Sounds weird, but you'll be surprised.

Just wanted to throw that out there :D


Priest in the Church of Fender
... I now have a phone call meeting with a different arranger this weekend, and have been asked to send some portfolio pieces to another arranger.

This is a far better tactic that what ever I was doing before. Being personable and realistic, rather than trying to act like a big company is going a long way.


I've got more than 3 pages of questions to ask the poor guy, he doesn't know what's going to hit him! :D But for the foreseeable future it's the current day job that will carry on paying the bills.

Anyway, we're going off topic - this is Sam's thread, not mine, and his story is far more interesting!

haha. I only know so much info. But if I can do it anyone can. probably.


Priest in the Church of Fender
Busy, and Not Much to Show for it
Holy smokes, it's been a while! I've long over due an update on this one. Looking back the last update, it was towards the end of the Blue Man Group... let's pick up from there:
So my internship ended with the Blue Man Group, and I was kind of glad to get out of there. Not that it was horrible, I had just had enough of it. Some cool people, some not so cool, but over all a fine experience that I can put on my resume. One good thing to come out of the internship was a sound gig. One day Matt, the head engineer just said 'email this person your resume. It's about a sound gig.' I literally didn't know who I was emailing, or really, about what - but I gave it a shot.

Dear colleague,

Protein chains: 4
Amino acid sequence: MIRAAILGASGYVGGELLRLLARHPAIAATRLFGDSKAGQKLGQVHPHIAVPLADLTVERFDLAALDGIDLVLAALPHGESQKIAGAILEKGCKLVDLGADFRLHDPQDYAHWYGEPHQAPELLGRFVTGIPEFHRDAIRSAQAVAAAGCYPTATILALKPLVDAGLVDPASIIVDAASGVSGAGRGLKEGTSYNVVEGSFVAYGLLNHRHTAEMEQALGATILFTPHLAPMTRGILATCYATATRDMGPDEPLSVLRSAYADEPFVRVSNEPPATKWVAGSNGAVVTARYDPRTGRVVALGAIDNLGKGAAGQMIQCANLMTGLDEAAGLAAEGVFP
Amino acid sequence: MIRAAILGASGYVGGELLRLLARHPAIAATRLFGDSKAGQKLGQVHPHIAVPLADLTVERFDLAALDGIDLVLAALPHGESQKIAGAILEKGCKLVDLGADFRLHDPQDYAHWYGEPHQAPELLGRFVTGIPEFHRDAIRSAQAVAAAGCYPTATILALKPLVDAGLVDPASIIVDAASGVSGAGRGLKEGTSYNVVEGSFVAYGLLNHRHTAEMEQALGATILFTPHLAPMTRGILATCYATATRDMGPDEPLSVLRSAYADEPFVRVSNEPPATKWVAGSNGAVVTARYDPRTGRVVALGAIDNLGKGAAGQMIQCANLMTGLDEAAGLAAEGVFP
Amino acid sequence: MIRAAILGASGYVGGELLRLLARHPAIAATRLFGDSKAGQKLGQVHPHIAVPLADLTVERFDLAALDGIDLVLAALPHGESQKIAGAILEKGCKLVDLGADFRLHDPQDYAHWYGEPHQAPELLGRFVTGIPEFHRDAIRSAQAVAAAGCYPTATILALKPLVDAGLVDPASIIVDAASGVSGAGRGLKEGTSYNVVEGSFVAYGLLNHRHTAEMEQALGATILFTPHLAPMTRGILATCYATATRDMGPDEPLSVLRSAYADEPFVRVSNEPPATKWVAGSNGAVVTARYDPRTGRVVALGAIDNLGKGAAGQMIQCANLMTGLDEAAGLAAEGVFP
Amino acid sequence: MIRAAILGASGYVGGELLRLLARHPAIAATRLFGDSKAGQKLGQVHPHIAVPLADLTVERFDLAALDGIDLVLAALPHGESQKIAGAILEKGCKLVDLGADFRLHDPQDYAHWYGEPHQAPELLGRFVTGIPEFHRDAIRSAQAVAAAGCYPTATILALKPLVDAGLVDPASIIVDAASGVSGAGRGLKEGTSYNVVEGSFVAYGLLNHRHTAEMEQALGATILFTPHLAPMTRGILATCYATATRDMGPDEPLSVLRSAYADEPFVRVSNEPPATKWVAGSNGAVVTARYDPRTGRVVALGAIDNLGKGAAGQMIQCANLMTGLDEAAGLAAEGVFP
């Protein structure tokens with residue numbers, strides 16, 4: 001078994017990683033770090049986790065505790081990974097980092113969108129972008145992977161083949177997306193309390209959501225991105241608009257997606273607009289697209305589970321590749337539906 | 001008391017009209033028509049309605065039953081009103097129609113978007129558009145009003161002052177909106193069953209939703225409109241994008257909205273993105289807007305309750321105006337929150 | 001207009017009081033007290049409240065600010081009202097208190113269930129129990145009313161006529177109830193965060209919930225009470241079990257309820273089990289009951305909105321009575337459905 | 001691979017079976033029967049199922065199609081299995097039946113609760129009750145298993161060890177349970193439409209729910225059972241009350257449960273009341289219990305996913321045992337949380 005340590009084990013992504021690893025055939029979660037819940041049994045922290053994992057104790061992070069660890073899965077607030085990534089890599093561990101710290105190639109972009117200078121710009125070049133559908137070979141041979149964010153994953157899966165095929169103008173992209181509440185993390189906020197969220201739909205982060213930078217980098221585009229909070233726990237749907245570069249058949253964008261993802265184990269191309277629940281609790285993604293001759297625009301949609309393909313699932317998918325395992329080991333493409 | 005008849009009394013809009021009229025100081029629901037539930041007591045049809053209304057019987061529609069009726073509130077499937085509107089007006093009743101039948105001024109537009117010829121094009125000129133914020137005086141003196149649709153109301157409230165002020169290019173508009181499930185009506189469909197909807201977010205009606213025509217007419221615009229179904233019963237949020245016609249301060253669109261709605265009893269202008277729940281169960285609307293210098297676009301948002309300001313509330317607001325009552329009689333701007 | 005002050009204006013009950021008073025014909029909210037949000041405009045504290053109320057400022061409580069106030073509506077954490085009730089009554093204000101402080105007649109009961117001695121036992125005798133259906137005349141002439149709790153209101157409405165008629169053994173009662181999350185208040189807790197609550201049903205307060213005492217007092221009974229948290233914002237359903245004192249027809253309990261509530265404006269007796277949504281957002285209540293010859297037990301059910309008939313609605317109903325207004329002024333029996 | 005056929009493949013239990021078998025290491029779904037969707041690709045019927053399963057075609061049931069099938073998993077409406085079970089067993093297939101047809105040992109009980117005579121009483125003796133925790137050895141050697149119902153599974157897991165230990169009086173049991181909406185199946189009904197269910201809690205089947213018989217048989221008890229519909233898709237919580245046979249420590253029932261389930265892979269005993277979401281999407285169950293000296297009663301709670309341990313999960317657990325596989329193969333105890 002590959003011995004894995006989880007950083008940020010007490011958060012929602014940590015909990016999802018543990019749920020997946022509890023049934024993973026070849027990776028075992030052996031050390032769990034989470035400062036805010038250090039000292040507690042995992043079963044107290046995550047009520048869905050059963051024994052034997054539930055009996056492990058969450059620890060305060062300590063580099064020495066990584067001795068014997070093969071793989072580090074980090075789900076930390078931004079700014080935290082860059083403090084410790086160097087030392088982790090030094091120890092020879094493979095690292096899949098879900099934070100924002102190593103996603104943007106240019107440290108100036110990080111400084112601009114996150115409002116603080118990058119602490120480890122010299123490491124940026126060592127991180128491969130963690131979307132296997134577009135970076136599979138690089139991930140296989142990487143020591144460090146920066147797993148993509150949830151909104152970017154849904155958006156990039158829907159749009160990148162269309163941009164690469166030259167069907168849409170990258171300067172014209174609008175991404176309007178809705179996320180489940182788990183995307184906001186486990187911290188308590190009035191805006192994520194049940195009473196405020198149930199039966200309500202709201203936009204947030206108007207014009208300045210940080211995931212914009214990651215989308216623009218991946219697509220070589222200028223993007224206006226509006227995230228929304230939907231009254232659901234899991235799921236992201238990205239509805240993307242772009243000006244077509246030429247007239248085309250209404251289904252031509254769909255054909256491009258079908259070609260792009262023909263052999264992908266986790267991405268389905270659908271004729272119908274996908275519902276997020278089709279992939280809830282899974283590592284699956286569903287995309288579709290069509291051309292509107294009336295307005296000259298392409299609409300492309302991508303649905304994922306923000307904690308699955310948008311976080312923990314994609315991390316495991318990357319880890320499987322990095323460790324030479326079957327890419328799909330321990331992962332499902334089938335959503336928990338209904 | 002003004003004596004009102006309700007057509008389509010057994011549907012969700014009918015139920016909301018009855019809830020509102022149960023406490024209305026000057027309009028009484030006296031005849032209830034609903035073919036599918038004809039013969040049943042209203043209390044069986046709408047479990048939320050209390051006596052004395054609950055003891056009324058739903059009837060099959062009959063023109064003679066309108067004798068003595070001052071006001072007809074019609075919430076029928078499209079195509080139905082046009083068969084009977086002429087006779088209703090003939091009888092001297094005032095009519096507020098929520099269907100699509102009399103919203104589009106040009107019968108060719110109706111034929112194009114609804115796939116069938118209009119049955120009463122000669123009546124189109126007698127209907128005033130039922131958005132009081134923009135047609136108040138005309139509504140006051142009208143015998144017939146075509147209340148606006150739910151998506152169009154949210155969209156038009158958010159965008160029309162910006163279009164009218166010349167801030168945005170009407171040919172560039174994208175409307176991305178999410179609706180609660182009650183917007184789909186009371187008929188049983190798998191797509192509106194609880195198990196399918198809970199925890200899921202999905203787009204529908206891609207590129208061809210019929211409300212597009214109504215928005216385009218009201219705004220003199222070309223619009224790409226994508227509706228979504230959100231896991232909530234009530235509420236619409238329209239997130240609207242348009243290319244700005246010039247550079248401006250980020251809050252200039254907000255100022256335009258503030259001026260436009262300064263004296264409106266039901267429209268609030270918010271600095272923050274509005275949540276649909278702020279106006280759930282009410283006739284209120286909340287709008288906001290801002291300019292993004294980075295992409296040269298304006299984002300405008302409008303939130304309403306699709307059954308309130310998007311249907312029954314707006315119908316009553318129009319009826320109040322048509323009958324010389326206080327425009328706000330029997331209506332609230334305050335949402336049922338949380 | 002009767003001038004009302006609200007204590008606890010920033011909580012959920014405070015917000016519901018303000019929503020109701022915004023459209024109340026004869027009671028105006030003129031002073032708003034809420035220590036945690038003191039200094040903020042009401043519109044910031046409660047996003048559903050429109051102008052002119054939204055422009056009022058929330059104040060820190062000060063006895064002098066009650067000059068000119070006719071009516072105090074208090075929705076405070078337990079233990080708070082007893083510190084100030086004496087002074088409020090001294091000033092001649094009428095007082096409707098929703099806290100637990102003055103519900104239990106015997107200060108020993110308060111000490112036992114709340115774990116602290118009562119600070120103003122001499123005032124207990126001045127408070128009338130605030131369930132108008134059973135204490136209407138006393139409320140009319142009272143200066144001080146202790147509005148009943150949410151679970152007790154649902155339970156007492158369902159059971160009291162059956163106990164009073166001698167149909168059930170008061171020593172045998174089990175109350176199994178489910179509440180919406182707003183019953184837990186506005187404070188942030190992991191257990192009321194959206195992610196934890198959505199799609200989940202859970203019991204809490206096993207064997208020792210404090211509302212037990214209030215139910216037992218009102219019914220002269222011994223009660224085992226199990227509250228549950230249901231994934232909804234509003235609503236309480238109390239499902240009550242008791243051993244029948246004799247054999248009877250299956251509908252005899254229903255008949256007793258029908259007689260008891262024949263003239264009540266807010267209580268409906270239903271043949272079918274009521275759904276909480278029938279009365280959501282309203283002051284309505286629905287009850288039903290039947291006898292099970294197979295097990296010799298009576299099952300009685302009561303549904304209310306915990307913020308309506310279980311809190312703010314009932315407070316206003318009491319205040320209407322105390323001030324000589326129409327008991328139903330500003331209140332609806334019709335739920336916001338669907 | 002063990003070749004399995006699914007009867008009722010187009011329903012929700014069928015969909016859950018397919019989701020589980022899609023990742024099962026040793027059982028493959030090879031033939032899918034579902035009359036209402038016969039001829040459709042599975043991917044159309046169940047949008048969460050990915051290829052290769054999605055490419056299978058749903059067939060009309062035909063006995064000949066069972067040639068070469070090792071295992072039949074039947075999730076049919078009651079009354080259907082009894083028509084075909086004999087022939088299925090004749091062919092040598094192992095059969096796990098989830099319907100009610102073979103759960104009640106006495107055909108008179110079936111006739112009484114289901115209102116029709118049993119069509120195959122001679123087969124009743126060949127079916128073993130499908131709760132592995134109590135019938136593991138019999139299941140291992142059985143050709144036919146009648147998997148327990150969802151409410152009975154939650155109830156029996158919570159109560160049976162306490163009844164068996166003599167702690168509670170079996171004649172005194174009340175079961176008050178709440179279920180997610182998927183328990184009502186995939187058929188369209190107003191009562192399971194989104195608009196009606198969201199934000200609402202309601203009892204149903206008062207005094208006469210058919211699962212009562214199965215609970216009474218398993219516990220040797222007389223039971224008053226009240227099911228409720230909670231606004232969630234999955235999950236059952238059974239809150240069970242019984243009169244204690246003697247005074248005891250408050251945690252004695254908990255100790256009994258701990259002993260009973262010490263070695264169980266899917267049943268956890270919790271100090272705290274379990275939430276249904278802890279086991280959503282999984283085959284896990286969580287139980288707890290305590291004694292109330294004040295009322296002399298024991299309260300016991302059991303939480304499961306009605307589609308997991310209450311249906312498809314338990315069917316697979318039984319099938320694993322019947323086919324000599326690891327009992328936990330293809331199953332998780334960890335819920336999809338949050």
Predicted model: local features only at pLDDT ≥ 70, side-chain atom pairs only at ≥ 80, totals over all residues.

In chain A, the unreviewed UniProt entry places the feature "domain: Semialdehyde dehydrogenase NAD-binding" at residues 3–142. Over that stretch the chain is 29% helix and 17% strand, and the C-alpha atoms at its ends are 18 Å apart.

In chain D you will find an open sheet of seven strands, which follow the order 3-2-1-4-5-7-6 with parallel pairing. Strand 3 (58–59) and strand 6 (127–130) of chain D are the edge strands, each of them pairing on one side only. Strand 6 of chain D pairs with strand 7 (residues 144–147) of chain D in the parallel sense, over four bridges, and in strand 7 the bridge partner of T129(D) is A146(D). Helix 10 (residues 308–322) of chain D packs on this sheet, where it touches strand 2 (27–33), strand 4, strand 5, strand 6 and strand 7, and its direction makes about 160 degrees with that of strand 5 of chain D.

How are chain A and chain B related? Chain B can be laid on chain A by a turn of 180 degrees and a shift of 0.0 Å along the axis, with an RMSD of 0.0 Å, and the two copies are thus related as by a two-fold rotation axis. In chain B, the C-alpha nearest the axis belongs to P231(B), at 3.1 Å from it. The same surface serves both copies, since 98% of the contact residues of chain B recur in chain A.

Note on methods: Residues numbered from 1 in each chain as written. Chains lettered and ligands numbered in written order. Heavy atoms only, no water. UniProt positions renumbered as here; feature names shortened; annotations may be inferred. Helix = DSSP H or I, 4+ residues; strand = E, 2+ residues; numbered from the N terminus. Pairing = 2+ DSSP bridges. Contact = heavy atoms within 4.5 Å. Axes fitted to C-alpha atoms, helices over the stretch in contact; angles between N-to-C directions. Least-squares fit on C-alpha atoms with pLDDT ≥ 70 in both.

A few weeks rolled by and I kind of forgot about the email, but it comes back later in the story. So for the sake of keeping this in order lets come back to that.
Also in my last weeks at the Blue Man Group I managed to sit in on the Broadway show 'If/Then', with guitarist Alec Berlin. It was more of the same when it comes to sitting-in - you all know the drill by now! It was nice to see that I'm starting to become a 'face' on the theatre scene. I already knew the other guitarist, Jim, and he recognised me, which was nice. It's kind of taken the pressure off of going into pits - I feel that I'm starting to give off more confidence to the musicians, as it's becoming less intimidating.